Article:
Two Poems
CAITLIN THOMSON


Highfields

At 8:00 PM Charles was placed in a crib by his nurse, he was wrapped in
a blanket fastened by large gold pins. He was 20 months old, recovering
from a cold. He could walk, he had words, limited but extending
from the family out. His hair curly. His chin dimpled.

His face would appear on posters circulated country wide, the word
WANTED in large letters, followed by the word information in smaller letters.
His father mentioned by name, and by profession “World Famous Aviator”,
was summoned by the nanny at 10:00 when she found the crib empty.

His father found a ransom note in a white envelop on the windowsill
and ran out into the night with a gun. His son was alive then, 
dead by the time the ransom was paid, the body found less 
than 10 miles away. A journalist called the kidnapping and trial 
the biggest story since the Resurrection, it was 
one of the largest manhunts the country has seen.

I found a baby once, not far from where Charles was taken 
sleeping in a car seat, all windows up in the summer heat.
The grandfather was sipping an iced coffee at The Starbucks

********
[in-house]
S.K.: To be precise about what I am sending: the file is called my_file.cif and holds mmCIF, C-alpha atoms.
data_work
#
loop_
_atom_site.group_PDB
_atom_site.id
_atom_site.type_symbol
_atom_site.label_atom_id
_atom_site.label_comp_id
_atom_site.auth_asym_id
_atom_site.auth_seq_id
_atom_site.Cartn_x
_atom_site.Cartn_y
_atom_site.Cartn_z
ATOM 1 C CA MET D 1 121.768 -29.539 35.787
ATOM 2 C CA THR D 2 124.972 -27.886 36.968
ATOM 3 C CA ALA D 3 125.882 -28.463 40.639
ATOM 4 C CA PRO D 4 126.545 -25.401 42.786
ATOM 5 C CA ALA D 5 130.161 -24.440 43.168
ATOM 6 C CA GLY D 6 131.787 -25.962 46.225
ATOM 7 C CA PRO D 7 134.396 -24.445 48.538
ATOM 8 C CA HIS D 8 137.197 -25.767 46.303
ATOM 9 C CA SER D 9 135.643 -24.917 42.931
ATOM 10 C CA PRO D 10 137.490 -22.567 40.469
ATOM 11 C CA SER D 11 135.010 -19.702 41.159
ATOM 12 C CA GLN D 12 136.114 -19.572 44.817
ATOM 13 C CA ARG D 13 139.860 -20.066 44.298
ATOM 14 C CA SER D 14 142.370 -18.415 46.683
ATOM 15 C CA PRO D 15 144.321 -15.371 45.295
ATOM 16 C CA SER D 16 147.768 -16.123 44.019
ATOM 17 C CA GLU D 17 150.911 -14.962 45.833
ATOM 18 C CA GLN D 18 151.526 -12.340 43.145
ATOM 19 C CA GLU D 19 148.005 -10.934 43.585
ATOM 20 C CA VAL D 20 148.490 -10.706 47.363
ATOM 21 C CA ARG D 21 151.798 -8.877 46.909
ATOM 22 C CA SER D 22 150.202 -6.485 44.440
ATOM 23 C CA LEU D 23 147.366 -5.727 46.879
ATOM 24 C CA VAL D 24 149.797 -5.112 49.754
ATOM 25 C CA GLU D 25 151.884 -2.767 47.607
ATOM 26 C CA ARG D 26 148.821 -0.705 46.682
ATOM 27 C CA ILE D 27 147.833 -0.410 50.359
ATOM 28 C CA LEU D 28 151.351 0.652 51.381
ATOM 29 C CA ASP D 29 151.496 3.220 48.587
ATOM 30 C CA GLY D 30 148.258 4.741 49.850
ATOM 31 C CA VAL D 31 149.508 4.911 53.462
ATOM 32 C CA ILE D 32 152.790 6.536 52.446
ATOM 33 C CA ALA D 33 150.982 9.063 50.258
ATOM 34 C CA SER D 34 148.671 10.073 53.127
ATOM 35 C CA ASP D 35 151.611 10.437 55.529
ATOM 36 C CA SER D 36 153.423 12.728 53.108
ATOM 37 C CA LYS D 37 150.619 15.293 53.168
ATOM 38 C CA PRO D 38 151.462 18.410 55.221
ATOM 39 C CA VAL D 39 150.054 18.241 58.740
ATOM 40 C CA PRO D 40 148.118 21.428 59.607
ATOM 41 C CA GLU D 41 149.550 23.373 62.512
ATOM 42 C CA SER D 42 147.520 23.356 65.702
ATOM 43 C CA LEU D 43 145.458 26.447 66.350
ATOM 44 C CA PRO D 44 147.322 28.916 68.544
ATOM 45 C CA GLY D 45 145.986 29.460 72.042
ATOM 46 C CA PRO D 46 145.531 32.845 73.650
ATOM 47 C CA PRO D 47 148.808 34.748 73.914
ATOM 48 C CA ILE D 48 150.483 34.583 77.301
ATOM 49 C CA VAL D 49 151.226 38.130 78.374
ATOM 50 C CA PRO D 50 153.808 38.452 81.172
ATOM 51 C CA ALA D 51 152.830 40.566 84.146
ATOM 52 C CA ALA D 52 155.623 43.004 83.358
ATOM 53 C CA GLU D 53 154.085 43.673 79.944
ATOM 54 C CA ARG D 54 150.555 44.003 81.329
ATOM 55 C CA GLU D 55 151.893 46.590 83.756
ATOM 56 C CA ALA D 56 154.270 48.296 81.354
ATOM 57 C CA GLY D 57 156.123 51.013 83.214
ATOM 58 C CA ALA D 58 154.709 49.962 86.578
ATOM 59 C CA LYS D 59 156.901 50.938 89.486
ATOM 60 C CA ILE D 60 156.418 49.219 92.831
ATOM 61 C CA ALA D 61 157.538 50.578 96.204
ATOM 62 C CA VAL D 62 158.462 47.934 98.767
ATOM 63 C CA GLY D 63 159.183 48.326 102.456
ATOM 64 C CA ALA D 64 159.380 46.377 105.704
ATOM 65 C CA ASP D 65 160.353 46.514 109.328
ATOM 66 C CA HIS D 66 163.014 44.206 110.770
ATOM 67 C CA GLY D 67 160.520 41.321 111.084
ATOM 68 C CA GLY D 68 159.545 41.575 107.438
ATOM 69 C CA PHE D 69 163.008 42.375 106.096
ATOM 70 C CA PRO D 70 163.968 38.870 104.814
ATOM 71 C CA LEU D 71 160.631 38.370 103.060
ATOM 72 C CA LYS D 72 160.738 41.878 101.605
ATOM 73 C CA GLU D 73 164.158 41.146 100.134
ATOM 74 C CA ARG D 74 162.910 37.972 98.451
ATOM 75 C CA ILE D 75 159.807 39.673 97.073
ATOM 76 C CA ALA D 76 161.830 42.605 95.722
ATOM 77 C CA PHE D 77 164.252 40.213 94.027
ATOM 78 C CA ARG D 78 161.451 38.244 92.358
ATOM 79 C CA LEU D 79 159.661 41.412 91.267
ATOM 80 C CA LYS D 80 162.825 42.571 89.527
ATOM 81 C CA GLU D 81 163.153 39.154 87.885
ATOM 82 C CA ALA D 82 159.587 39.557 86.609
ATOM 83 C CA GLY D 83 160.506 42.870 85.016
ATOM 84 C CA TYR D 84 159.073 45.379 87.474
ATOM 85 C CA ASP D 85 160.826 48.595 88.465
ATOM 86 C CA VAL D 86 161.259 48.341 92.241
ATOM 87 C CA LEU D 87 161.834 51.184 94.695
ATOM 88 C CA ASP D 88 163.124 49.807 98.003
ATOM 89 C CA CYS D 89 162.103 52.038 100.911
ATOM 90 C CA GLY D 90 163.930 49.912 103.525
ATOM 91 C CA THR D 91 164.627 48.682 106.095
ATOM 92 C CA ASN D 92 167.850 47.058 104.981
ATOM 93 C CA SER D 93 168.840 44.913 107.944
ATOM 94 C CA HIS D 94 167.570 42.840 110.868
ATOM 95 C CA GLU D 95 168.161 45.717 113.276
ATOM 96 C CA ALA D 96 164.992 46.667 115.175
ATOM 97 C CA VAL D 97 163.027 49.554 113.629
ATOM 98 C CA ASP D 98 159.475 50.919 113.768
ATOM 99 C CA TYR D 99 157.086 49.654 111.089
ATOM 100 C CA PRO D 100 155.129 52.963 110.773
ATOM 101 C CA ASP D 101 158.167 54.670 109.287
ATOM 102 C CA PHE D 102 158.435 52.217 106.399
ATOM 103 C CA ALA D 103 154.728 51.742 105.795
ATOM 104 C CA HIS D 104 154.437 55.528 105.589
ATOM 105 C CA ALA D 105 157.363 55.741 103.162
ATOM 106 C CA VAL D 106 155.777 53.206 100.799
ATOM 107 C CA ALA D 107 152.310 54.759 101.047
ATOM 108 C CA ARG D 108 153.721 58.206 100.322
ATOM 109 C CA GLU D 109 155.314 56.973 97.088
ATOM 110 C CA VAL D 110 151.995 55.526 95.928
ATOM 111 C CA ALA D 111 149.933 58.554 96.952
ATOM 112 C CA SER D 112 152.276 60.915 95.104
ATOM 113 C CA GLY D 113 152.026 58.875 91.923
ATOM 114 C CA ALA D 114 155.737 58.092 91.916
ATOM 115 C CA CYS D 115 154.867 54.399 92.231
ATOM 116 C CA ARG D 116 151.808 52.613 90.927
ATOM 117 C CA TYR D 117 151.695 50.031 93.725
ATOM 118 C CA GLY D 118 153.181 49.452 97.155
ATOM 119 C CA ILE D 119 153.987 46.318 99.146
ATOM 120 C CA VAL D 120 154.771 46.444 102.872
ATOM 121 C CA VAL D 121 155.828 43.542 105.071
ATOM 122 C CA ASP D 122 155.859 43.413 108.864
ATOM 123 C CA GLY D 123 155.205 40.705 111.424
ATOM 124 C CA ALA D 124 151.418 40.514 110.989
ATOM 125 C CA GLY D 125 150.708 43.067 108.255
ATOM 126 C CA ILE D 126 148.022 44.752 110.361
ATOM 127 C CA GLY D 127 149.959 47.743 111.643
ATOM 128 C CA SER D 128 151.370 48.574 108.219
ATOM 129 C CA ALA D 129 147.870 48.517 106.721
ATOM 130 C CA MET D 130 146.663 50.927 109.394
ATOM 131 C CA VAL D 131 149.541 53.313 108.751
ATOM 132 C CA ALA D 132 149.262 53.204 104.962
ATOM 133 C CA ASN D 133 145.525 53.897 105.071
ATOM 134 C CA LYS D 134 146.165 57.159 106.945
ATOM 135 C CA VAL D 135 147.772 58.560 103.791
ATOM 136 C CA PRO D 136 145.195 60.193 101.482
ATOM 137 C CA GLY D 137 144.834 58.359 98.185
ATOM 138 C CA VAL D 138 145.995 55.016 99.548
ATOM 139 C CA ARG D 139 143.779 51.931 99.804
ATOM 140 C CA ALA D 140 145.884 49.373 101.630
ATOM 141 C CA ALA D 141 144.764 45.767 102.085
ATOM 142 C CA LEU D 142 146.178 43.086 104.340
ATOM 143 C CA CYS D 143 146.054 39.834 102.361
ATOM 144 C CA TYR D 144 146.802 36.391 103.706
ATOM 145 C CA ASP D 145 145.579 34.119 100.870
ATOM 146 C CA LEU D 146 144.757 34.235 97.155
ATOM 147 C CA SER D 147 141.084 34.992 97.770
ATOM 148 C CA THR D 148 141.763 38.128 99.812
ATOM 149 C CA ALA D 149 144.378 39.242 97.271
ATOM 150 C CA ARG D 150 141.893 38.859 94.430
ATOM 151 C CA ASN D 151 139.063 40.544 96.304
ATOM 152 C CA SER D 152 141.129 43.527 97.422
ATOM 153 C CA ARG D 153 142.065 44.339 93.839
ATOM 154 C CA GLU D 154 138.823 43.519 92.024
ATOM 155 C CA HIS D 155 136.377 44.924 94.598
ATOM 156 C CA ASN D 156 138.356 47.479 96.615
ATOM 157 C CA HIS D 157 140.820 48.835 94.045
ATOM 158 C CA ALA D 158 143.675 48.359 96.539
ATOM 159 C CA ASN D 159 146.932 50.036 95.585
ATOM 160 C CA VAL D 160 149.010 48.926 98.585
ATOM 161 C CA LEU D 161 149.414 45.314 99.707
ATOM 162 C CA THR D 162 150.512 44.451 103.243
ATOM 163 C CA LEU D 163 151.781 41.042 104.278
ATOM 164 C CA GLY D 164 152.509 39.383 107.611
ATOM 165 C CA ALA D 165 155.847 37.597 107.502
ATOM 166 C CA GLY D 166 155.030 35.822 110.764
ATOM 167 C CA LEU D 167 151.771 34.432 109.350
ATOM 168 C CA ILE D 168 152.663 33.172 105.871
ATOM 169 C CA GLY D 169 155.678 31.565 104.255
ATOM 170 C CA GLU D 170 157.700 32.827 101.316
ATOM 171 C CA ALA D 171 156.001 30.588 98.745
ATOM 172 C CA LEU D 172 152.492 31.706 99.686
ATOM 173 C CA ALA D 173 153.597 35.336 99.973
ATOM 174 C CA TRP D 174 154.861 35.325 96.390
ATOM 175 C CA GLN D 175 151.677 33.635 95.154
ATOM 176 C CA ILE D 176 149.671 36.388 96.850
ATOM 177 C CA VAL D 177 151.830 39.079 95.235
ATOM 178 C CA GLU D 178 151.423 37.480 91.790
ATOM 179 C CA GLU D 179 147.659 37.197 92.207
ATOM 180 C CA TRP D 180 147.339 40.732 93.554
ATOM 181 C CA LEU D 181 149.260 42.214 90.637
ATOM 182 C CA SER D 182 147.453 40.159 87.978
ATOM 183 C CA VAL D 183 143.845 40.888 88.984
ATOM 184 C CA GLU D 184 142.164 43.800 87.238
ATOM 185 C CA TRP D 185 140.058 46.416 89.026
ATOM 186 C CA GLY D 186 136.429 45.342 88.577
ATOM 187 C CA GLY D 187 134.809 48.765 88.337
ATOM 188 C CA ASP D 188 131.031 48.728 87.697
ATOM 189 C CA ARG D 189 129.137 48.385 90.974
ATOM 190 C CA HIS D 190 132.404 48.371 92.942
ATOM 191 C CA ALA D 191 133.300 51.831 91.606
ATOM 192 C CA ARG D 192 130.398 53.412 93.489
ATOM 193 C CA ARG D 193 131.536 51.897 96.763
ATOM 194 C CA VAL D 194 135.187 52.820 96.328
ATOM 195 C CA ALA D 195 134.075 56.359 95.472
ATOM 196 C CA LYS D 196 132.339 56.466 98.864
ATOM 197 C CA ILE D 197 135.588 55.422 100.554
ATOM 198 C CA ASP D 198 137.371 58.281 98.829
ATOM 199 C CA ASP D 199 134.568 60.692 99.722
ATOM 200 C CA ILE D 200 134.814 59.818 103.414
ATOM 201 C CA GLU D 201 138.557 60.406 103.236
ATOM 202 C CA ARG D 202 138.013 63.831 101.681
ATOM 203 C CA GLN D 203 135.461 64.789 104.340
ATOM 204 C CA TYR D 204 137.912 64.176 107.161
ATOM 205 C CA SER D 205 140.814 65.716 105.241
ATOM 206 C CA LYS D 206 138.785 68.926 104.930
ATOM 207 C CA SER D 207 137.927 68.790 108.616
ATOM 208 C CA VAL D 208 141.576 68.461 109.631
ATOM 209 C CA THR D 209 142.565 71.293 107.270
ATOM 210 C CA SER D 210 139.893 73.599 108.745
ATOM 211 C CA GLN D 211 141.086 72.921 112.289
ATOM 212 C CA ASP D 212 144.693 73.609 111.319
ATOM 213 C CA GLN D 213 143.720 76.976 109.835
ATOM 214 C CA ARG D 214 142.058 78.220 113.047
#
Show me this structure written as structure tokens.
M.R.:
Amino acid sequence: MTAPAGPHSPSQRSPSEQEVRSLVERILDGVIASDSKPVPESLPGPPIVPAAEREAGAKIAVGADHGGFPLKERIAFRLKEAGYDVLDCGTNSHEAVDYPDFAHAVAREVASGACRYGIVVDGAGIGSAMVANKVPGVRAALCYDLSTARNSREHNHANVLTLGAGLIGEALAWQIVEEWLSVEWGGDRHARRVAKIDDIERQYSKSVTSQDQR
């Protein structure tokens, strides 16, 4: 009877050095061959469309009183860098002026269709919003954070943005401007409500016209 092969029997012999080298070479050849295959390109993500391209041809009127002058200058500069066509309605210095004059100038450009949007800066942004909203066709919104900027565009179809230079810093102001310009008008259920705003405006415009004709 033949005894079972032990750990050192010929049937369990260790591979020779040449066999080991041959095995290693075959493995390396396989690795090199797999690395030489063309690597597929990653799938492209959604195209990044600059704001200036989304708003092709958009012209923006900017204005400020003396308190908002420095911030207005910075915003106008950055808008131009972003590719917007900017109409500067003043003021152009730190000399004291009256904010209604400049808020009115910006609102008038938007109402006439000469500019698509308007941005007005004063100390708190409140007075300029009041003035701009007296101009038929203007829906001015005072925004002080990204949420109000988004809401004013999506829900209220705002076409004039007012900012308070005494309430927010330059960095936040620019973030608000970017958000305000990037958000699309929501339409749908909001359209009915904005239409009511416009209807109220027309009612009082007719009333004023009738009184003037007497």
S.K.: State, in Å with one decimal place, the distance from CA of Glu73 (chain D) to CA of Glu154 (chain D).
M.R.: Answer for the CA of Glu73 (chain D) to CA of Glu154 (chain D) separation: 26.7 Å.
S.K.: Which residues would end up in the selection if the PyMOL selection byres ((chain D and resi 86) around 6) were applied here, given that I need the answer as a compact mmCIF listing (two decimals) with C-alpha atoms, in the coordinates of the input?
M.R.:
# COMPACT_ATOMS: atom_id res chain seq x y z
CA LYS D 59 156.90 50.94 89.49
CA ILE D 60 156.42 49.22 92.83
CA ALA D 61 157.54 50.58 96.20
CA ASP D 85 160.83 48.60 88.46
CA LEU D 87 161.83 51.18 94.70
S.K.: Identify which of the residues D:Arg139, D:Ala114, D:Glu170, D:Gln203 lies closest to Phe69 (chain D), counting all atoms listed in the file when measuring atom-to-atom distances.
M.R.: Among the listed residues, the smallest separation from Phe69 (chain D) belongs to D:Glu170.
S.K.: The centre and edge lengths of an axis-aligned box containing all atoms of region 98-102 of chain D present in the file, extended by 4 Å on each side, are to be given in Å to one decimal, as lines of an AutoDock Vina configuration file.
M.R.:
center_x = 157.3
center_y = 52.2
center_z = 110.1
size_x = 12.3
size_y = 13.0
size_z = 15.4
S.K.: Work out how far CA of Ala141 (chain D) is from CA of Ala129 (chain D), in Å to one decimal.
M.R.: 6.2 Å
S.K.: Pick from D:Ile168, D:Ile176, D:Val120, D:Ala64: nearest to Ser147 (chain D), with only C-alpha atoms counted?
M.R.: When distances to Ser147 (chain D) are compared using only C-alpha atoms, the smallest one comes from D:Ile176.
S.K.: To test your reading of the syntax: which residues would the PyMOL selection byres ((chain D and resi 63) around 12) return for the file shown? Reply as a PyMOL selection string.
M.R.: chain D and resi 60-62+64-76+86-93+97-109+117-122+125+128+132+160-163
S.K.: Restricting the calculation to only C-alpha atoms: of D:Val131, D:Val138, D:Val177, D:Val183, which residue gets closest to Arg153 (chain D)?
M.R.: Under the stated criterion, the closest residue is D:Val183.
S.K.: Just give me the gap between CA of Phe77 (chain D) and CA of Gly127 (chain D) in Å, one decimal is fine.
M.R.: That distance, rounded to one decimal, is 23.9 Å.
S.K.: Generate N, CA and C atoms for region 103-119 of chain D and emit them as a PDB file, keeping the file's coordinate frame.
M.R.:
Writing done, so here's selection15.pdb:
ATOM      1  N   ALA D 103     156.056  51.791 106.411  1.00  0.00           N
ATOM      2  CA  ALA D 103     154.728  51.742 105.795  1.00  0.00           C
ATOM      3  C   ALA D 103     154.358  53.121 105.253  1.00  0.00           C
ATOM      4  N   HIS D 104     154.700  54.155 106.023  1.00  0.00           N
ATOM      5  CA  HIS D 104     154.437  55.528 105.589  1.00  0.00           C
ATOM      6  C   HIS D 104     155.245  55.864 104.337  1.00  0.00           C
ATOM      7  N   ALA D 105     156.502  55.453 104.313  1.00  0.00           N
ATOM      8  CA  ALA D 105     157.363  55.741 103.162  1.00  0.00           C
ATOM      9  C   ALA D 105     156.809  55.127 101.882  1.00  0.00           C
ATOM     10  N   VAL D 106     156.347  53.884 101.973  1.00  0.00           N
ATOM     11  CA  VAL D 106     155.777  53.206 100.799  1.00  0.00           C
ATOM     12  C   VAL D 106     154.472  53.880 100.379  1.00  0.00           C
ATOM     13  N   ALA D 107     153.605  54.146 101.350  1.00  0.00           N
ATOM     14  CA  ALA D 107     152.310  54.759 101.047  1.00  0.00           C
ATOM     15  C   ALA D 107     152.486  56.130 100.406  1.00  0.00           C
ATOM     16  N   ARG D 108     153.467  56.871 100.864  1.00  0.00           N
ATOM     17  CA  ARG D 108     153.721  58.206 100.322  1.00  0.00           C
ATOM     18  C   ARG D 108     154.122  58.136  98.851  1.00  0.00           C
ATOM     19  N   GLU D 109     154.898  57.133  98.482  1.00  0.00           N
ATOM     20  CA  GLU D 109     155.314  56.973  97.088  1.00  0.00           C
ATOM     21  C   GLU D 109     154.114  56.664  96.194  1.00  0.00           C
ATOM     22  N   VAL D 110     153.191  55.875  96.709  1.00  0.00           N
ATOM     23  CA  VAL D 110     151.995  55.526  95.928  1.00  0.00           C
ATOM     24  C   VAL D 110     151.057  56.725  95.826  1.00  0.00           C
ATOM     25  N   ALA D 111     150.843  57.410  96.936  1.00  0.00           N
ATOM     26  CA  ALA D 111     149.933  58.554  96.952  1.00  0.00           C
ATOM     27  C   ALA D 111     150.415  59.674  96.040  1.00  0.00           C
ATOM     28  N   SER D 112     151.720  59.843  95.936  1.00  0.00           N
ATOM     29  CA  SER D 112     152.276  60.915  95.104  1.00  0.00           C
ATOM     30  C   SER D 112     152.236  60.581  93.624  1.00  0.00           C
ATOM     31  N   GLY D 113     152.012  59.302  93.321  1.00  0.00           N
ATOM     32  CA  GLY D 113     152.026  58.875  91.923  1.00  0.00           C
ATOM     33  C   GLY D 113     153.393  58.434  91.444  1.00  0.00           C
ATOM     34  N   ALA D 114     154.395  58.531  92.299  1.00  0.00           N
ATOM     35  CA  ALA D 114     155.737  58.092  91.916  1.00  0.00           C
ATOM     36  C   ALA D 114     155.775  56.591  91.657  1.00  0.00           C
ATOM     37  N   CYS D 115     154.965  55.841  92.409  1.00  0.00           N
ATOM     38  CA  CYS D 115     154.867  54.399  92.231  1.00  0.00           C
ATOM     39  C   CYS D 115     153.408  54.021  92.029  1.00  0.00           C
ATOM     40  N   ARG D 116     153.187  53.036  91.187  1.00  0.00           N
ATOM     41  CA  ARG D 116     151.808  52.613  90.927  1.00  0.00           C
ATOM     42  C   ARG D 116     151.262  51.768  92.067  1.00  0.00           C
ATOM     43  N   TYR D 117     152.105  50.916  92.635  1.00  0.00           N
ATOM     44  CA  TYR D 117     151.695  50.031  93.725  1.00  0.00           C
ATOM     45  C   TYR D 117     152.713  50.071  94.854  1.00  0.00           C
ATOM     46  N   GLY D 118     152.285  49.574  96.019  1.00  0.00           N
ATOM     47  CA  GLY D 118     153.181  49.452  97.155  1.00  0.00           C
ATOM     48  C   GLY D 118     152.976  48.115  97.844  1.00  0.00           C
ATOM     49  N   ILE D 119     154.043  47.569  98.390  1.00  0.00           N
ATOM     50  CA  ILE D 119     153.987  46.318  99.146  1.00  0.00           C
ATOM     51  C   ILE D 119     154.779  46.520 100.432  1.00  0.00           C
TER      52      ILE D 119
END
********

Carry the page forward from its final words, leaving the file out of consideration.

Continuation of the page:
across the street. He returned in shame to his car when I came 
in to find the responsible party. I tried to give the police 
the license plate number over the phone, they said I would 
have to schedule an appointment and come down to the precinct.






10 Things That Are Missing from my Current Self

1. A love of the late night, the idea 
that 2 AM was the right time 
to fall asleep, three hours of DVDs 
watched, teeth brushed so long ago 
they felt dirty all over.

2. Music festivals. 

3. My former concept of being busy – three classes
and a meeting with a friend. 

4. The autonomy of loneliness. The monotony 
of loneliness. The order of loneliness. The luxury 
of loneliness. The prison of loneliness. 

5. The reality that every dirty dish was made that
way by me. That every spill 
that needed to be scrubbed 
belonged to me, once. 

6. The wire framed twin bed. 

7. The anticipation of the unknown.
Every year or two, my new life revealing
itself, with more friends or less, 
a new location, a more thoughtful
dead end job.

8. My body, misunderstood by me, for decades,
asleep on the elliptical.

9. The idea that I would always live
in one city. 

10. Late night phone calls, both
voices veering into sleep, 
then into conversation.​










CAITLIN THOMSON has an MFA from Sarah Lawrence College. Her work has appeared in numerous anthologies and literary journals including: Eleven, Eleven, The Adroit Journal, and Till The Tides. Her work has twice been nominated for the Pushcart Prize. Her third collection of poetry, Territory Prayer, was published by Maverick Duck Press.

The Adirondack Review
WINTER 2017